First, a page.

Virginia Woolf Revisited

There’s just one decent bookstore left in my town. I make a point of going there at least twice a month and buying a few new books – they deal in used books as well – because I don’t want this gem of a bookstore to disappear into the maw of Books-a-Million or Barnes & Noble.

After mulling over the new hardcovers and recent paperbacks near the entrance, on one visit I meandered over to the section featuring books about writing. And this is where I tell you how great this bookstore is. The owners know books, and their passion for the written word permeates the very air of their small shop. I can’t count the numbers of times I’ve walked up to the writing section, and some new book – new to me, anyway –  sits there, reminding me of an anxious pound dog hoping for a new home. I’ll pick up this slim book, for they’re never plump with pages, and think, “I can read you at one sitting.” Then I’ll add it to the short pile I’ve accumulated.

At the checkout counter, I’ll admire the silver and gold dangly earrings arranged so enticingly on the display tree as I wait for the cashier to ring up my purchases. There’re dozens of cat books, too, stacked off to the left on the counter, as silent and watchful as the animals that inspired their authors. After saying “No, I don’t need a bag, thanks,” I walk out into the sunshine, my mood lighter, my spirit energized.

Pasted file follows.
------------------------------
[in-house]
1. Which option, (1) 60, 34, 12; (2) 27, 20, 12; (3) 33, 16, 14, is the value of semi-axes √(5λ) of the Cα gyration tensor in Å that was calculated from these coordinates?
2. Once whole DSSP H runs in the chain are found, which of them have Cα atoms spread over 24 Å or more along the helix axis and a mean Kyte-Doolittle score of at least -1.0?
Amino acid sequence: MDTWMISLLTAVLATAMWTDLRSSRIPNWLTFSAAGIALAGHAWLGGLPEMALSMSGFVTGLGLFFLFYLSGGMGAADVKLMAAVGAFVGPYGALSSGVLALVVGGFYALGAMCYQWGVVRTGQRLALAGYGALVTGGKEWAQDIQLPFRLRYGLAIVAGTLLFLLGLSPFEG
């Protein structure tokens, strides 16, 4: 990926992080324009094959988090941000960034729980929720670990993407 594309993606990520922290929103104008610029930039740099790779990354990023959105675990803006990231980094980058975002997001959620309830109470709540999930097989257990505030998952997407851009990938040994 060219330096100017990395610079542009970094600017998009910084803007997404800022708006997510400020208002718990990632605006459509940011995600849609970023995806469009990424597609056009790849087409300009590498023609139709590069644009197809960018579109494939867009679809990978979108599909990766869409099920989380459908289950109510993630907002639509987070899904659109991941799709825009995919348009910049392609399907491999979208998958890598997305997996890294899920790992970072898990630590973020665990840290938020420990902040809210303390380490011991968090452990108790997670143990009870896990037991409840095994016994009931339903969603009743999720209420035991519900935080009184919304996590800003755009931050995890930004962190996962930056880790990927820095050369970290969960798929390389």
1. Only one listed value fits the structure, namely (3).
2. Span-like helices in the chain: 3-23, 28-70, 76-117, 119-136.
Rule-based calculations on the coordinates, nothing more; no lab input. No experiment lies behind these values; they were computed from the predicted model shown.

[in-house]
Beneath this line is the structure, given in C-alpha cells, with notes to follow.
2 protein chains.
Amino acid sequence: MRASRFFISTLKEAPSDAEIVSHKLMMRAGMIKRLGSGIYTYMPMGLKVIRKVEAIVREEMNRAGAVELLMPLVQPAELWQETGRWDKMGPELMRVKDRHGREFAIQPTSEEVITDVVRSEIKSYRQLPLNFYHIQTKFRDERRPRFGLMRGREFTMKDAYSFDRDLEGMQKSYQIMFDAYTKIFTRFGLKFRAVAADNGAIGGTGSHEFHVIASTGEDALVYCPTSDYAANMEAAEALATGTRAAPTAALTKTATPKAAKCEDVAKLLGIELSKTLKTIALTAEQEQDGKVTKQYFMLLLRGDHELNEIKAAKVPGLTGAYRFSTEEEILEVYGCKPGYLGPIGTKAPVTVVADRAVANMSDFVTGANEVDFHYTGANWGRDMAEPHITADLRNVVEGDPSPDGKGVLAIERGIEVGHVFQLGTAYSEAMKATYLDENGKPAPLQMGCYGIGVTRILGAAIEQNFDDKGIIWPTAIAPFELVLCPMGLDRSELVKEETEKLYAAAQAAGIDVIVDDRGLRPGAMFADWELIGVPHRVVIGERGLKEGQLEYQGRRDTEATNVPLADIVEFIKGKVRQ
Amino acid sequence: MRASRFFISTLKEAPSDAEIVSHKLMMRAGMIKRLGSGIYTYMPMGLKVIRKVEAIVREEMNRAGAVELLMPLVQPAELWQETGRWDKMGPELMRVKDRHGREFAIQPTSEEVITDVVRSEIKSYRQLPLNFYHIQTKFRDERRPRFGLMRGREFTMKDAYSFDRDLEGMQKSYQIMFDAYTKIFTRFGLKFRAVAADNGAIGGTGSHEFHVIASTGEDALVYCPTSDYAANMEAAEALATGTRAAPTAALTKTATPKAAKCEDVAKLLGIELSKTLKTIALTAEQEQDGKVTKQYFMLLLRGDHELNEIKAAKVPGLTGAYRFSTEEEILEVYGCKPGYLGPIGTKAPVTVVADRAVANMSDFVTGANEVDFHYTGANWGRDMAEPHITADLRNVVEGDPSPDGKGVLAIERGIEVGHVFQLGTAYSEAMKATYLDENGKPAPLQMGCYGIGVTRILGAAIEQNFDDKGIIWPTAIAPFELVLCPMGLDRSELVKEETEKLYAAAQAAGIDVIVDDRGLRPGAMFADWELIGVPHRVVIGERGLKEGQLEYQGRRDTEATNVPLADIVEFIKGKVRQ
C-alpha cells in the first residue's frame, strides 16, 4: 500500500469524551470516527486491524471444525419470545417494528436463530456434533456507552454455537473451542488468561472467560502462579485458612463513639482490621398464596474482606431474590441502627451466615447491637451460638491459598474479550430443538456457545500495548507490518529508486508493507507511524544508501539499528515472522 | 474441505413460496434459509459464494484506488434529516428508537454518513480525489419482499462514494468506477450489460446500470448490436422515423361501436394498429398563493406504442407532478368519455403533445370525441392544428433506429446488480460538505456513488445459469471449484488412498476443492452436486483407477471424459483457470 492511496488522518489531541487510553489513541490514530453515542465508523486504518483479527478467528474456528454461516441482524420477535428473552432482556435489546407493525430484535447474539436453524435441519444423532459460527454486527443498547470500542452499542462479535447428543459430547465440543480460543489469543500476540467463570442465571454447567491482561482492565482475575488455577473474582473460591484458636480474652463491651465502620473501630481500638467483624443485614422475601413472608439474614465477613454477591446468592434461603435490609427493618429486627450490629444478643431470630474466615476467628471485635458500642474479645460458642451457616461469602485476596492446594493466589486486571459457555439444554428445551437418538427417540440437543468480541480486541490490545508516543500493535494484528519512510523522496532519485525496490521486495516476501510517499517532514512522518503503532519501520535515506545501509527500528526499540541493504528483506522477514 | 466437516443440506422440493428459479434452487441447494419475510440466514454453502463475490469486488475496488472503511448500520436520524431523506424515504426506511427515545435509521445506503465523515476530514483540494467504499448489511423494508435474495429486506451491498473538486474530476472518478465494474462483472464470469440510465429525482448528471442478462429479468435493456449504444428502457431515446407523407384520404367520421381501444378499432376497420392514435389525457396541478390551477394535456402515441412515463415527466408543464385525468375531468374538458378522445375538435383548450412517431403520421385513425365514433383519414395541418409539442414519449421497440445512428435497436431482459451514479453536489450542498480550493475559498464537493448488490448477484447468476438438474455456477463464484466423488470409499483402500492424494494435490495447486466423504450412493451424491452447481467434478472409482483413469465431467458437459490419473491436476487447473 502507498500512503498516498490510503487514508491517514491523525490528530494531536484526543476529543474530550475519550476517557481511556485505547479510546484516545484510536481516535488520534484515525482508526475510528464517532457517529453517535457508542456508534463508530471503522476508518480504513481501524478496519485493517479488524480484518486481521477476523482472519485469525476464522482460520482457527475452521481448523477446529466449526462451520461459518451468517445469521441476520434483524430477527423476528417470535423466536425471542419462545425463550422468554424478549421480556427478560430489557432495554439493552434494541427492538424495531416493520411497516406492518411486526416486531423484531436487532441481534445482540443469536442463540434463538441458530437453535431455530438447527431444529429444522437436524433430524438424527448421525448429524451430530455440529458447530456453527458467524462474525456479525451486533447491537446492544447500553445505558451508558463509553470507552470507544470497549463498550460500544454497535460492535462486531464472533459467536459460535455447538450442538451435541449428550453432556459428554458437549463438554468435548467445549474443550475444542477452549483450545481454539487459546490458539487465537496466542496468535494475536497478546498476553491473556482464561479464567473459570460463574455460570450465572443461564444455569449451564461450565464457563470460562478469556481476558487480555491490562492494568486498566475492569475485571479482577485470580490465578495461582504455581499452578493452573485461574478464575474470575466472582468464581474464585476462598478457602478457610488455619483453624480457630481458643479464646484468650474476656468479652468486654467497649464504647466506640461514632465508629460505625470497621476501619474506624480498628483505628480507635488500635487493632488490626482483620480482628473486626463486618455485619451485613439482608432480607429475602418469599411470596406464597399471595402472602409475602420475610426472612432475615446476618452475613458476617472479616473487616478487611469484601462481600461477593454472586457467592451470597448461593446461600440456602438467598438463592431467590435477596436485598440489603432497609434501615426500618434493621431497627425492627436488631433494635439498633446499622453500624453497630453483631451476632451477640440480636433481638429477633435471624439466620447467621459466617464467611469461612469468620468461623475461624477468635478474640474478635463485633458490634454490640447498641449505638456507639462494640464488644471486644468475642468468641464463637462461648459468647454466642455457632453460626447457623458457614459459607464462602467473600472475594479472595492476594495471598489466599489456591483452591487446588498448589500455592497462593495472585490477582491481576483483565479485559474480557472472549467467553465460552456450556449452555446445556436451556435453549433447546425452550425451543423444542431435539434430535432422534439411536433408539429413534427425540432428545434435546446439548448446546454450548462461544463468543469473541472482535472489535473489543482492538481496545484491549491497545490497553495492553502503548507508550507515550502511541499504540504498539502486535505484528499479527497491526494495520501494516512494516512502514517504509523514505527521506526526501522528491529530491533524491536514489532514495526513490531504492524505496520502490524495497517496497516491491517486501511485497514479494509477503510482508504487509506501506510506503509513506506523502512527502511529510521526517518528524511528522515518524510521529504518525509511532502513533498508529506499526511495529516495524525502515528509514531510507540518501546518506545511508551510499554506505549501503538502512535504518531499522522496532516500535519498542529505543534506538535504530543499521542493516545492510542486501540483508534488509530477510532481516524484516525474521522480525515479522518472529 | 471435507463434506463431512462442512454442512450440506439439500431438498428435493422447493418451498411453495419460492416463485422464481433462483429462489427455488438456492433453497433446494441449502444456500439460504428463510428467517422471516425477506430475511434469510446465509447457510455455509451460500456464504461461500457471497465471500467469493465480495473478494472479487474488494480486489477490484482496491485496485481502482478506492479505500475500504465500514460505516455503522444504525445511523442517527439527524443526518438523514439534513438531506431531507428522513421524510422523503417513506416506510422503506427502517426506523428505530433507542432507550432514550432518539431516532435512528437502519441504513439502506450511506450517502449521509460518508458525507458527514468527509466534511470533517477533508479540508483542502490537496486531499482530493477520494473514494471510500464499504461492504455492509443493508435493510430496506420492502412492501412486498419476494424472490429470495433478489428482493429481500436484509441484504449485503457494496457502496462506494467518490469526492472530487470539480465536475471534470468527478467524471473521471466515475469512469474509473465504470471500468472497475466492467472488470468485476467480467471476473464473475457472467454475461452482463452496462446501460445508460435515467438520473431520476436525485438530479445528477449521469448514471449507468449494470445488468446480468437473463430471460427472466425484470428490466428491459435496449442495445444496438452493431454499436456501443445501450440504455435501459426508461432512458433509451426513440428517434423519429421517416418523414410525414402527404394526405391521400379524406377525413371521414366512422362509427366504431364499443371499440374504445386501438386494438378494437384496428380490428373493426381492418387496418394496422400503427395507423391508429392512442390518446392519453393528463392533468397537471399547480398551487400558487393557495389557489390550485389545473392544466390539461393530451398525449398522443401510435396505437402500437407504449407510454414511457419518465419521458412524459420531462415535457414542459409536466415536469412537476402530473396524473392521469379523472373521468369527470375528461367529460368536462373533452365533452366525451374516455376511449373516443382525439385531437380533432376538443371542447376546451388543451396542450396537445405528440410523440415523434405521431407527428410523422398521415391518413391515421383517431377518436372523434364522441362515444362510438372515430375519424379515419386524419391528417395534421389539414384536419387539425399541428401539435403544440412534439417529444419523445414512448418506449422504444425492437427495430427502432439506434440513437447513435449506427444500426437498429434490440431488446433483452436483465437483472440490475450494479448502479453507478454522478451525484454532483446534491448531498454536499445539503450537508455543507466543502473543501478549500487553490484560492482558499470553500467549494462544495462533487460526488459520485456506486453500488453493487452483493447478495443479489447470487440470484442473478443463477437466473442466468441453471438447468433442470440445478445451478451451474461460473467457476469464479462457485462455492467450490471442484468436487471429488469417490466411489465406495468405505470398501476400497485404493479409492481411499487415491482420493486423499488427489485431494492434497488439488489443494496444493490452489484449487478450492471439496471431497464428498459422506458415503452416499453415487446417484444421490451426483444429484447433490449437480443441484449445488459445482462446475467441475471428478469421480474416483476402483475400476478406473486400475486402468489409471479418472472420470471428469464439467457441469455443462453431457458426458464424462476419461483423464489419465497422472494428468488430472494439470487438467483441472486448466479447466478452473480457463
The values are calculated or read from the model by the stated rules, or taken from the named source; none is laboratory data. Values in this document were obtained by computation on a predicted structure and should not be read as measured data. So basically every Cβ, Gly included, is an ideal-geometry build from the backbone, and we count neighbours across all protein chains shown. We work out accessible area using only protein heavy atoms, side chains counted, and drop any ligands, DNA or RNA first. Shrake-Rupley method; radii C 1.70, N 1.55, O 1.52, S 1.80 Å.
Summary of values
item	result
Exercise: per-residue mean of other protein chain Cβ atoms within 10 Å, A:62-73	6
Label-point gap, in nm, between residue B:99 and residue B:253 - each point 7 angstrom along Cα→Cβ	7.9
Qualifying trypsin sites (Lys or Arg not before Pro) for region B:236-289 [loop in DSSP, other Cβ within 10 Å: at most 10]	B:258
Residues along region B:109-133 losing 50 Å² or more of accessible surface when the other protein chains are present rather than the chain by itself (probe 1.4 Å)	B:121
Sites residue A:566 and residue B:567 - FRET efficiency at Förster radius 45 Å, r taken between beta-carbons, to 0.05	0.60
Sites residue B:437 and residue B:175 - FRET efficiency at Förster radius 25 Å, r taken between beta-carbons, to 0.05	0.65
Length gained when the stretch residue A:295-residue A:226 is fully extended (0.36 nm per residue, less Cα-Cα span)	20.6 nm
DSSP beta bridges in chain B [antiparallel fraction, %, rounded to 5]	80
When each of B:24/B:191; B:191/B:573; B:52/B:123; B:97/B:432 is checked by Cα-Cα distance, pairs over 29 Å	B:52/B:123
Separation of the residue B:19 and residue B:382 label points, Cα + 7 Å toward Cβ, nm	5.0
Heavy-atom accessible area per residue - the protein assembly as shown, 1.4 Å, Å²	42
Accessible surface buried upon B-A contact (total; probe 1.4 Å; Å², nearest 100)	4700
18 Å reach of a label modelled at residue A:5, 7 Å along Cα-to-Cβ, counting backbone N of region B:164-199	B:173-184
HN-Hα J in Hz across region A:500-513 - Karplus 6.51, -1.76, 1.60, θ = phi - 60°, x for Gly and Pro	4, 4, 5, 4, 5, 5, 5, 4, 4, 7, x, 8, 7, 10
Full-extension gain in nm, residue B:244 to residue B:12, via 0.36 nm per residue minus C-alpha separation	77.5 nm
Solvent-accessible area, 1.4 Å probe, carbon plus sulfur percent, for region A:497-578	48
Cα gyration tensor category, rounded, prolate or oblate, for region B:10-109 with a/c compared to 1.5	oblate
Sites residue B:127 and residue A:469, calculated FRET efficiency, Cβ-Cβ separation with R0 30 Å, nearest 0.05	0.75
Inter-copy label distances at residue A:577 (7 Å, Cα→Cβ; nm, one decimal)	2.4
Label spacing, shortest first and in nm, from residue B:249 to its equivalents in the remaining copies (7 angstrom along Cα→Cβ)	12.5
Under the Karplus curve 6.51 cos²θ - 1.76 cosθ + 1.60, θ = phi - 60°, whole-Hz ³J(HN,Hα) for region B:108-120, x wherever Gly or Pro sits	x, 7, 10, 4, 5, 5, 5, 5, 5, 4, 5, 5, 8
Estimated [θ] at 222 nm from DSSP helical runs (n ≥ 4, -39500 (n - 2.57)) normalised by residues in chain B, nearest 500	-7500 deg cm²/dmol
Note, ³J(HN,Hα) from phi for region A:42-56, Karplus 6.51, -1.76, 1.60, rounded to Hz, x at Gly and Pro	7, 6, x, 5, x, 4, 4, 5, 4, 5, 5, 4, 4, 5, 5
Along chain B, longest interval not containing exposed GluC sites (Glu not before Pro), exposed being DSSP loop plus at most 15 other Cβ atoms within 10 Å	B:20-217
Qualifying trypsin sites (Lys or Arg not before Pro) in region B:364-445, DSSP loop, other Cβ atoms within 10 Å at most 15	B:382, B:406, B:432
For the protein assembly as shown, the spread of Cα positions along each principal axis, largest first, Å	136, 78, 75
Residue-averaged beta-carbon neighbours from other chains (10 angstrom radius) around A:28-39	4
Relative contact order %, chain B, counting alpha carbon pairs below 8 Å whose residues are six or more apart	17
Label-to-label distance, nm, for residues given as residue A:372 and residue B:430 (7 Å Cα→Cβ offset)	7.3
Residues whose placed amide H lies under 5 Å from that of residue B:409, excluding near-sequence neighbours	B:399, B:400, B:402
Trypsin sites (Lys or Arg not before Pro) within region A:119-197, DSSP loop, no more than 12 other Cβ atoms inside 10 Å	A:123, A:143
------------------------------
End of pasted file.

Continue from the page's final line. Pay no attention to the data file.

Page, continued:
That’s the bookstore where I found Michael E. Degen’s Virginia Woolf’s A Room of One’s Own: A Contribution to the Essay Genre (2014). The booksellers displayed it prominently on a tiny stand in front of the essay section. At first glance, I thought perhaps I’d picked up the wrong book. Degen is a Jesuit priest, and it’d be easy to assume that his argument would be anti-feminist. Yet that is not the case at all.

Dr. Degen goes through Woolf’s text, point by point, using rhetorical methodology to inquire into both the content and the form of her essay.

“It is important, then, to engage this formal discussion of A Room of One’s Own, demonstrating that Woolf here contributes to the literary tradition not mere feminist polemic, but sophisticated experimentation and expansion of the essay form.” (p. 15)

Heady stuff indeed. Much to ponder.

 

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